ONSTAGE, APPARENTLY, EVERY atrocity is entitled to its own atrocity.
Two springs ago, the Roundabout Theatre Company ended its season with one of the worst plays to reach Broadway in the last few years, The People In the Picture, an insipid musical about the Holocaust and family secrets. Now, with Alexander Dinelaris’s Red Dog Howls, New York Theater Workshop is offering a pretentious melodrama about the Armenian genocide and, yes, more family secrets. With any luck, next season will bring a jukebox musical about the Cambodian killing fields, or perhaps a door-slamming sex farce set in Darfur.
Mr. Dinelaris’s play, which opened Monday night in a production directed by Ken Rus Schmoll and starring the estimable Kathleen Chalfant, isn’t quite so ridiculously far-fetched. But its plot is unconvincing, its shocking revelations incredible—that is, not at all credible—and its language overwrought and unnatural. The characters believe they haven’t earned salvation (more on that to come), but the play itself has a single saving grace: Ms. Chalfant, whose elegance and sensitivity give her cartoon-character role—a domineering, withholding, wounded Armenian-American grandmother—texture and humanity. In lesser hands, the part—with its Sophie’s Choice-topping climatic twist—would be as unconvincing as the script.
Red Dog Howls opens with Michael Kiriakos (Alfredo Narciso) addressing the audience in a prologue that is both pretentious and portentous—“There are sins from which we can never be absolved; I know this, because I have committed one”—before shifting to a domestic scene between Michael and his pregnant wife, Gabriella (Florencia Lozano), that is less orotund but equally portentous. Michael has a loving relationship with his wife; Michael is emotionally brittle; Michael’s grandmother abandoned his grandfather and father; Michael’s mother abandoned his father and Michael; Michael has guilt; Michael has a slip of paper bearing an address he found in his dead father’s belongings.
So Michael goes to the address, in Washington Heights, where he finds Rose (Ms. Chalfant), who turns out to be his ostensibly long-lost grandmother. He has always thought himself to be Greek; now he learns he’s Armenian, and he becomes fascinated with his new culture (without acknowledging that he’d had an old one). Rose feeds him soup, which he describes as “nourishing,” and tells him stories, which he also describes as “nourishing.” She tells him he must be strong. She tells him about the genocide. Gabriella becomes angry, not unfairly, as Michael spends less and less time with his pregnant wife and more and more time with his newly rediscovered grandmother and his newly found culture. This is when you start to suspect the play was sponsored by the Armenian Appreciation Society. Eventually—after, again, some shockingly shocking revelations that I won’t spoil and that no doubt would have made the Armenian Appreciation Society pull its funding—Michael and Gabriella’s baby is born, and Rose dies, and Michael is happy and content, a proud Armenian.
Red Dog Howls is a strange piece of work, a meditation on fatherhood and familial obligation and an argument for filial devotion that tries at the same time to give an educational-programming history lesson on the 20th century’s first holocaust. It doesn’t work, and that’s too bad. If nothing else, the Armenians deserve better.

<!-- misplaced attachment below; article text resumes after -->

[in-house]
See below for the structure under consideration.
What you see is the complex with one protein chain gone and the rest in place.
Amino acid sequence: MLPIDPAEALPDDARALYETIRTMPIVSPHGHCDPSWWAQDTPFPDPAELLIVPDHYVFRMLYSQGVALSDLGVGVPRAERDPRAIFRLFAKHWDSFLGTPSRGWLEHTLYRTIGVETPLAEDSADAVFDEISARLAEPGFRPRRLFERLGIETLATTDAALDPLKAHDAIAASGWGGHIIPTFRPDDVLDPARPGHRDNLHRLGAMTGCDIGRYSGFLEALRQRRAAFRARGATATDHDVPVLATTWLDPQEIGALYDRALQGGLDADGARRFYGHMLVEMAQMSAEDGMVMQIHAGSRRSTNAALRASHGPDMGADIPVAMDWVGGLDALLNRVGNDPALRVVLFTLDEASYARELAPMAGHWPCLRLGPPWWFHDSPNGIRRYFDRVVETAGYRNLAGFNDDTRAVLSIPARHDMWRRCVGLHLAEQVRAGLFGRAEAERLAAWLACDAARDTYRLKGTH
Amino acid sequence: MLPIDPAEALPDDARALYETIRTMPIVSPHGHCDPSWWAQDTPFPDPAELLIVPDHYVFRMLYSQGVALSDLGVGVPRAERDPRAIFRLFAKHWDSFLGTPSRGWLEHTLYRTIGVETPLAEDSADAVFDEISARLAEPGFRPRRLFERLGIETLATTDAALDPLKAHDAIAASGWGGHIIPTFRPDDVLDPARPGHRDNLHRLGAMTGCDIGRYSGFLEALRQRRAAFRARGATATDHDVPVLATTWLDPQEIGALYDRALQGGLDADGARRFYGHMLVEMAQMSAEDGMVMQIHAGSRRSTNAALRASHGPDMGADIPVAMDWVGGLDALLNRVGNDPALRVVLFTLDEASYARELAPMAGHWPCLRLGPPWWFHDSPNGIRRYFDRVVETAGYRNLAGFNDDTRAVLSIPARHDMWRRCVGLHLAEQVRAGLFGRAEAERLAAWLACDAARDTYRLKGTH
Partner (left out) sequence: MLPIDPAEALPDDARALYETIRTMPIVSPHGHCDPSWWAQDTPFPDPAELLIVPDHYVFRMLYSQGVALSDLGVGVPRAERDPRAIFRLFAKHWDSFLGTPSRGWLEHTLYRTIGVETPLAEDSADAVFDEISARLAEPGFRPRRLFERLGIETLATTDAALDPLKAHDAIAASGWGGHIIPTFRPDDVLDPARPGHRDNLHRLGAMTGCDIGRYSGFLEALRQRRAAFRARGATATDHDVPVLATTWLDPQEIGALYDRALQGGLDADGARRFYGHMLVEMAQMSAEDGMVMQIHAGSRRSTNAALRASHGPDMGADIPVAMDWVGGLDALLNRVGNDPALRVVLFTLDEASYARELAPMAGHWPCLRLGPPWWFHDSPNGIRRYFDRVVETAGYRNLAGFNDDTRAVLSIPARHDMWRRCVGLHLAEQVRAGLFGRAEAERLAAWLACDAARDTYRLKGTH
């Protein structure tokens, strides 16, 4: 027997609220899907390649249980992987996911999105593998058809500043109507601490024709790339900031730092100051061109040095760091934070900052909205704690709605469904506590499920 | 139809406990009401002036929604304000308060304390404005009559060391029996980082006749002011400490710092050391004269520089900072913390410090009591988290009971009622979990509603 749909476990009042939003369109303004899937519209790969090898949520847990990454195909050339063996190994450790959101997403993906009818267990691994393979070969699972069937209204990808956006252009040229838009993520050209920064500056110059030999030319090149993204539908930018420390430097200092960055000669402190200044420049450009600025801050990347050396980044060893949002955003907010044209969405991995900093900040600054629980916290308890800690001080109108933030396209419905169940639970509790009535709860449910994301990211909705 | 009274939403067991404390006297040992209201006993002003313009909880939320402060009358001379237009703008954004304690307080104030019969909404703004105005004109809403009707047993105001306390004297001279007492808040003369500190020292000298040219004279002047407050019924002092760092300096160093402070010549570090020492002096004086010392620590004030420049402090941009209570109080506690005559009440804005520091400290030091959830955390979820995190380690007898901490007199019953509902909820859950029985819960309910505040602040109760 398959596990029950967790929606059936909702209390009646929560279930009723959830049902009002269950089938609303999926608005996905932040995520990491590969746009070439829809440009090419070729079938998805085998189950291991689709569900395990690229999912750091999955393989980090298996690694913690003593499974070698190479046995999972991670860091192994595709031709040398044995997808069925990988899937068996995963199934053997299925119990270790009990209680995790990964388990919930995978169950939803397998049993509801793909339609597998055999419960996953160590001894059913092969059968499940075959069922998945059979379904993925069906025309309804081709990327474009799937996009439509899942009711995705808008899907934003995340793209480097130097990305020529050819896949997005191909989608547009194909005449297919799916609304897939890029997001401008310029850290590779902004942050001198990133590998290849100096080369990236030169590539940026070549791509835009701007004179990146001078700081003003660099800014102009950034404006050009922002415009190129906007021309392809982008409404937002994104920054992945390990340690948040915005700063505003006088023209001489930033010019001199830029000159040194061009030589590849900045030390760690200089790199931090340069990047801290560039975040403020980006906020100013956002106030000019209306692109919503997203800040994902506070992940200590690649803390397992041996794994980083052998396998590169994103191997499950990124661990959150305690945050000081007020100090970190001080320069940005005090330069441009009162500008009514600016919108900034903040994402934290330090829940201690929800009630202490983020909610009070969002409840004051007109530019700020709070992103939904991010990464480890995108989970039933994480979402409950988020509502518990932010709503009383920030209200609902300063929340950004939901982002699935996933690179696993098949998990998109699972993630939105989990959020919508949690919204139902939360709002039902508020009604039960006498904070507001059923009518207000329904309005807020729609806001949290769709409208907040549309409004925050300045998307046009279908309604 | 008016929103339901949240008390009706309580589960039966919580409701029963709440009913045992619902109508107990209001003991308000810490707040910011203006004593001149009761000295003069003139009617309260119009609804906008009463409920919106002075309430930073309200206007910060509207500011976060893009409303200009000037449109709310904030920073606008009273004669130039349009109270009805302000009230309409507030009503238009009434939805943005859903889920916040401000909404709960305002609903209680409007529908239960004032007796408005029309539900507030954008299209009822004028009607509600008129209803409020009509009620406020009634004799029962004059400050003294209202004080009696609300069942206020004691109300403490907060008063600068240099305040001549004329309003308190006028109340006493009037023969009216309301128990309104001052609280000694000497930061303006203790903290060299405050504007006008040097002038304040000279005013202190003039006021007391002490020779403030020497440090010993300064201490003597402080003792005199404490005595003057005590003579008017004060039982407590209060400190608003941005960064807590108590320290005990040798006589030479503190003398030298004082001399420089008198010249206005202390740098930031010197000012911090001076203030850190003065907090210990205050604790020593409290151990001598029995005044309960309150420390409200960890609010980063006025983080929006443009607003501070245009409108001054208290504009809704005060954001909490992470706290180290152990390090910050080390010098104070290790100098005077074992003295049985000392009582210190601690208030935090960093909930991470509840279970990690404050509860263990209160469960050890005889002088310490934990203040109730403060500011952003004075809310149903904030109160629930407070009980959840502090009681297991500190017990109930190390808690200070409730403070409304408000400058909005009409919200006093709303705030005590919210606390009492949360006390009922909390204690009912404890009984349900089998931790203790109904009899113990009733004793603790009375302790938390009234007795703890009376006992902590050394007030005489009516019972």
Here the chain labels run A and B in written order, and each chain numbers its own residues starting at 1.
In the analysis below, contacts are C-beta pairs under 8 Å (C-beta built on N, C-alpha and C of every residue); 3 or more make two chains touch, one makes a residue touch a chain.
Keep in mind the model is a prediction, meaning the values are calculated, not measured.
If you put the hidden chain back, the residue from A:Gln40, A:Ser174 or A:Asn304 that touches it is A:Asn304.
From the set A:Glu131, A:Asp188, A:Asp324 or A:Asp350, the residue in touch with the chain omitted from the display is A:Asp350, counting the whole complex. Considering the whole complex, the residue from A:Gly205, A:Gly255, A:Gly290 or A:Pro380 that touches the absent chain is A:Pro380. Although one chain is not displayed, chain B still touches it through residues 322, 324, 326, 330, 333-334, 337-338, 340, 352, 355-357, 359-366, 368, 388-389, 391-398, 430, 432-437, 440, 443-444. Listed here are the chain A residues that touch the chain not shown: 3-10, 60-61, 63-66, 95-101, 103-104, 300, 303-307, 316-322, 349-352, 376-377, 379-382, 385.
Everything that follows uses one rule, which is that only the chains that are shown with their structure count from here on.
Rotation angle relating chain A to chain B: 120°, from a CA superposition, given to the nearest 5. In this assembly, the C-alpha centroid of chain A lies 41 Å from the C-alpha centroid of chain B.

MEANWHILE, OTHER ATROCITIES are getting the hauntingly effective staging they deserve.
The Exonerated tells the pared-down and (actually) shocking real stories of six Americans wrongly sentenced to death and freed before their executions, when they were proved innocent. Nearly all the dialogue in the play is spoken verbatim, pulled from transcripts, court documents and interviews. The production is stark: 10 stools across a dark stage with 10 actors in them, 10 music stands in front of them and 10 spotlights overhead. There is little artifice, no hysteria. It is totally engrossing.
The play debuted off Broadway in 2002, and promptly became a long-running hit for the Culture Project. It has since been made into a Court TV movie and revived around the world. Last week it opened in a 10th-anniversary revival at 45 Bleecker Street directed by the actor Bob Balaban and featuring a rotating cast of celebrity actors—Stockard Channing, Brian Dennehy, Delroy Lindo and Chris Sarandon are in the opening cast—and it’s every bit as convincing as it’s ever been.
Jessica Blank and Erik Jensen wrote the script, which does a masterful job of intertwining the six stories. What’s perhaps most remarkable about the work is that the couple managed to locate six people who were both wrongly convicted and also articulate, introspective and even lyrical about their horrific experiences. This makes their achievement as much journalistic as dramaturgical, and the combination is deeply affecting. It is chilling to hear how these victims—mostly poor and Southern, often black—were railroaded by police and prosecutors, abused in prison and, in at least one case, how much time elapsed between exoneration of guilt and release from prison.
There is some solace to be taken in the fact that, for most of these wrongfully convicted individuals, the system, in the long run, worked: DNA testing became available and a conviction was overturned; new evidence was found and a case was reopened. One person for whom it did not was Sunny Jacobs, portrayed by Ms. Channing. In 1976, she and her husband were convicted of murdering a police officer; the conviction was overturned in 1992, after the rightful murderer confessed—in 1979. In 1990, her husband was executed in the electric chair.
Ms. Jacobs, who will play herself later in the run, was in the audience the night I saw the show. She got a louder ovation than any of the actors, which was nice but doesn’t begin to compensate.